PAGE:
Wasting the player’s time is the most tedious and common tyranny of optimal play, but it is by no means the only sort. Any form of dominant strategy, no matter the initial trickiness, will quickly become onerous, as the player masters the necessary inputs and then finds all challenges trivial. The only way for them to make a game enjoyable once the dominant strategy is discovered is to hamstring themselves by refusing to use it – but it’s never quite as satisfying to pull one’s punches as it is to truly invest oneself, to try as hard as possible to succeed. Once that intensity of personal investment is lost, it can’t be recovered, and the game becomes lesser, more of a toy and less of an experience.
Of course, it must be mentioned that there are some companies who don’t care whether an experience is fun or rewarding or even interesting, only that it be engrossing. Mobile and Facebook games are frequently tyrannical by design, rather than accident, asking you for your time and giving you nothing, asking you for your attention and giving you nothing, but ensuring that you keep coming back by telling you over and over again, in so many little ways, that this is the right way to play, that by going slow and steady you’re winning – though, of course, you could be winning faster if you were willing to spend a bit of money. After all, isn’t your time valuable?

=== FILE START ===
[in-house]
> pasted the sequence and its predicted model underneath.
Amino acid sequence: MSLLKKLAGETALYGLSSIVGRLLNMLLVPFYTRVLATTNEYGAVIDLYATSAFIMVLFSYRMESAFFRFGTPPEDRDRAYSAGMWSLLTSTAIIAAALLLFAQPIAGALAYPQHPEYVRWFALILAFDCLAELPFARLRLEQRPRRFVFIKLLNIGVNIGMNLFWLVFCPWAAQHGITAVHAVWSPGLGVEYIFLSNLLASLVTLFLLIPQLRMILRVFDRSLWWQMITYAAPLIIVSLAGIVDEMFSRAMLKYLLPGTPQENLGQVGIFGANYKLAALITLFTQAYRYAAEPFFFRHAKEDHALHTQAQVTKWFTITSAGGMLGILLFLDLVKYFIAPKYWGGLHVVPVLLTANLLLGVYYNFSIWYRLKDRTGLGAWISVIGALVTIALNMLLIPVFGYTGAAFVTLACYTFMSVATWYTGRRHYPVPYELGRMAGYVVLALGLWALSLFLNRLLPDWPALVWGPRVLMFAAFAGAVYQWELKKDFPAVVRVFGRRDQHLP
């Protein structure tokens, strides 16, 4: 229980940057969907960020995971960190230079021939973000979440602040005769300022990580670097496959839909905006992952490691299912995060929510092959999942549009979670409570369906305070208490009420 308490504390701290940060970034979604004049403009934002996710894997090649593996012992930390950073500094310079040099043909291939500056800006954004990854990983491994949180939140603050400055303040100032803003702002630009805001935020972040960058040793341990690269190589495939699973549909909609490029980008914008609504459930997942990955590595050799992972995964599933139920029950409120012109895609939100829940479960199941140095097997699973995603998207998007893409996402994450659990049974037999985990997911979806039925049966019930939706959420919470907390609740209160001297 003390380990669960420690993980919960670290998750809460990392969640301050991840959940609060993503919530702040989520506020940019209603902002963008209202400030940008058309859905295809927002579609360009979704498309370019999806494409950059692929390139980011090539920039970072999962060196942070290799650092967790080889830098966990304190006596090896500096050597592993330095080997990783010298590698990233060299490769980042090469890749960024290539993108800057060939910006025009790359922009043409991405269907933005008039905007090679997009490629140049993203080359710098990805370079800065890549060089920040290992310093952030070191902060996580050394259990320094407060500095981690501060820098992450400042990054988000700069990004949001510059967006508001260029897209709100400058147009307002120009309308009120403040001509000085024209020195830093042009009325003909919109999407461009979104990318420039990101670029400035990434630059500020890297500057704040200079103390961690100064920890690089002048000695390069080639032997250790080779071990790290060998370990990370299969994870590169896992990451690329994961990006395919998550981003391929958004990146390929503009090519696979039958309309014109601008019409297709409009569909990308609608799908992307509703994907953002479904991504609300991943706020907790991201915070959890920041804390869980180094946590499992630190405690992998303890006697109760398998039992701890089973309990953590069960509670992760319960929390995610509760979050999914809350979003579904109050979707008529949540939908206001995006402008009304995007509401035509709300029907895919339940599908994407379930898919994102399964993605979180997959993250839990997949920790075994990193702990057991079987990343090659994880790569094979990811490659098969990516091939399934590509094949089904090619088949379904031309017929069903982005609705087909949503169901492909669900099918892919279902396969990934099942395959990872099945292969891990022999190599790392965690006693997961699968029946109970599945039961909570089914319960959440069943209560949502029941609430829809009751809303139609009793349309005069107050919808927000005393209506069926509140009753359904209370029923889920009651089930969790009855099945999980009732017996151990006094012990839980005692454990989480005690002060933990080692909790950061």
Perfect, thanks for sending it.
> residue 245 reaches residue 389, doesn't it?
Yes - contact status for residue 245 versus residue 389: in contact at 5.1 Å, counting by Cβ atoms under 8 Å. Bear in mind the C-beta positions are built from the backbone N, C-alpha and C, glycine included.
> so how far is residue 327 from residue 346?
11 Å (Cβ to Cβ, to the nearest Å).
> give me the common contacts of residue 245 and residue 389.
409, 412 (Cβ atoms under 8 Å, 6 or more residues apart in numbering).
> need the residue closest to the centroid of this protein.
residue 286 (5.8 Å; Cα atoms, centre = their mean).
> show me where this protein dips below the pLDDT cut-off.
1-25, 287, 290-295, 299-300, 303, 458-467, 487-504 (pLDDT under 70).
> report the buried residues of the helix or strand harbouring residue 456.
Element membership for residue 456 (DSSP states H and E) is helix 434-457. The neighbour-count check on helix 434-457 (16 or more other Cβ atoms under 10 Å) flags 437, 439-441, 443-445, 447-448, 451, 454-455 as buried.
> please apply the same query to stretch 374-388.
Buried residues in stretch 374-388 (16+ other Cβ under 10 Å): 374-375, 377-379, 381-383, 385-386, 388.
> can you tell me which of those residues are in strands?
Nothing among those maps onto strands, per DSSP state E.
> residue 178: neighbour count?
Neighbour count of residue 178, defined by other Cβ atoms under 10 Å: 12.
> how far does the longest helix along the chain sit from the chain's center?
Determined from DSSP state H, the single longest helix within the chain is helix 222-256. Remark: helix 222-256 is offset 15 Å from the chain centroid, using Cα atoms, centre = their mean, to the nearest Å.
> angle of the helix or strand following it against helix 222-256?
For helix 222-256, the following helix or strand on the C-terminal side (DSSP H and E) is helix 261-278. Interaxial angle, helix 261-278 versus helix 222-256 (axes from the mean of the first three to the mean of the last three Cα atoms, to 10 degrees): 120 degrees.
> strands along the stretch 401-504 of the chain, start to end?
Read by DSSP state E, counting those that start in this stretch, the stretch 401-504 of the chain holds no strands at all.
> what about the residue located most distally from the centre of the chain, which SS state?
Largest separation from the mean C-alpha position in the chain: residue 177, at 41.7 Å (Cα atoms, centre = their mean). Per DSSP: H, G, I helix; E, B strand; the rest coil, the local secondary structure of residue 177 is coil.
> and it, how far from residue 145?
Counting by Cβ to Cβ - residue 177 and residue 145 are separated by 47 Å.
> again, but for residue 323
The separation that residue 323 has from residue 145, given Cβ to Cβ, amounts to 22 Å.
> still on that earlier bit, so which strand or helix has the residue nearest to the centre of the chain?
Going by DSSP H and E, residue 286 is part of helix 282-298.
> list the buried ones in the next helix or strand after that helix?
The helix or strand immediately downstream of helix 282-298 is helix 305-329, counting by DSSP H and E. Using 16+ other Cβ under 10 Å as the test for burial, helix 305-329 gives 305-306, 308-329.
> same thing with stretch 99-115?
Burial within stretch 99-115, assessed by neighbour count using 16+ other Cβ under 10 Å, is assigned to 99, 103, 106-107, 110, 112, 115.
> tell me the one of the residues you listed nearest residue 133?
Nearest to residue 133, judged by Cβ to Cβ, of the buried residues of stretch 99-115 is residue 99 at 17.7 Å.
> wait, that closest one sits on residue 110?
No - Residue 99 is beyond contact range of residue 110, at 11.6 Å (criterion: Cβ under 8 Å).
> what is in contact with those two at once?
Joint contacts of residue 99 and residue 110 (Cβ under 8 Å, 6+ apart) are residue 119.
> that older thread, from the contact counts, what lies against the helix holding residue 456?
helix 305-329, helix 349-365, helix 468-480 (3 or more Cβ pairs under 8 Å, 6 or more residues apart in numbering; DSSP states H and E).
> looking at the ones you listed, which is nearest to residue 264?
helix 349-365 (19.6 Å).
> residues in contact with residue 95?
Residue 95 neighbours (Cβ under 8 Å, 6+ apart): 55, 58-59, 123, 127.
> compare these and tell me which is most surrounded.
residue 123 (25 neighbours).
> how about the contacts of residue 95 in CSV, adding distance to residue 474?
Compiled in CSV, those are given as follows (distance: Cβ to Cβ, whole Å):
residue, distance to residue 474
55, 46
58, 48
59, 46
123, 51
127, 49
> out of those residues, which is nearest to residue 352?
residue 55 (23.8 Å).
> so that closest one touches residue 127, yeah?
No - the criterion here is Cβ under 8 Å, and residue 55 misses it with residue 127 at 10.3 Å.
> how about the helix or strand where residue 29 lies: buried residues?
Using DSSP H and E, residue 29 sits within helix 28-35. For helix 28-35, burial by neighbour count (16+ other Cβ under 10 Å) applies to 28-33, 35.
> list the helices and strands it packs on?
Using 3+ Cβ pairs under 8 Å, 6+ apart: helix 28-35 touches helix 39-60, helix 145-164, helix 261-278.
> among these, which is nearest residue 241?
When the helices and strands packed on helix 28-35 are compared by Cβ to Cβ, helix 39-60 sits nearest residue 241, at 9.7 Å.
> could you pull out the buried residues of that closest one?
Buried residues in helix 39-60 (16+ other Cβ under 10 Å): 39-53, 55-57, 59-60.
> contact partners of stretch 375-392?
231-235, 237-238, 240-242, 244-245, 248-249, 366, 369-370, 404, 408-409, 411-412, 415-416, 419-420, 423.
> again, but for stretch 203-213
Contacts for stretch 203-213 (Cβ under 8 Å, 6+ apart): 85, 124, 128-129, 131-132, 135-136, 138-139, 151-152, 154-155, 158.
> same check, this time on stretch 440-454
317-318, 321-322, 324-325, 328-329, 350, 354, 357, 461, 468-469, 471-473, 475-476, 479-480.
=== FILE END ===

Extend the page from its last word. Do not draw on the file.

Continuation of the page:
This is the terror of artistry. Art is, fundamentally, the ability to manipulate the emotions and thoughts of others. Perhaps there is an intrinsic value to truth or beauty that elevates Capital-A ‘Art’ above advertising or propaganda, or perhaps it’s merely a matter of technique and of what the audience is primed to receive. Thus, in many cases, avoiding tyrannical design becomes an exercise and good and bad design – not in terms of engineering, but of morality. Respect your players’ time and intelligence, and follow the line through your design to each moment of play to understand the ways which, intentionally or not, you might carelessly abuse their trust.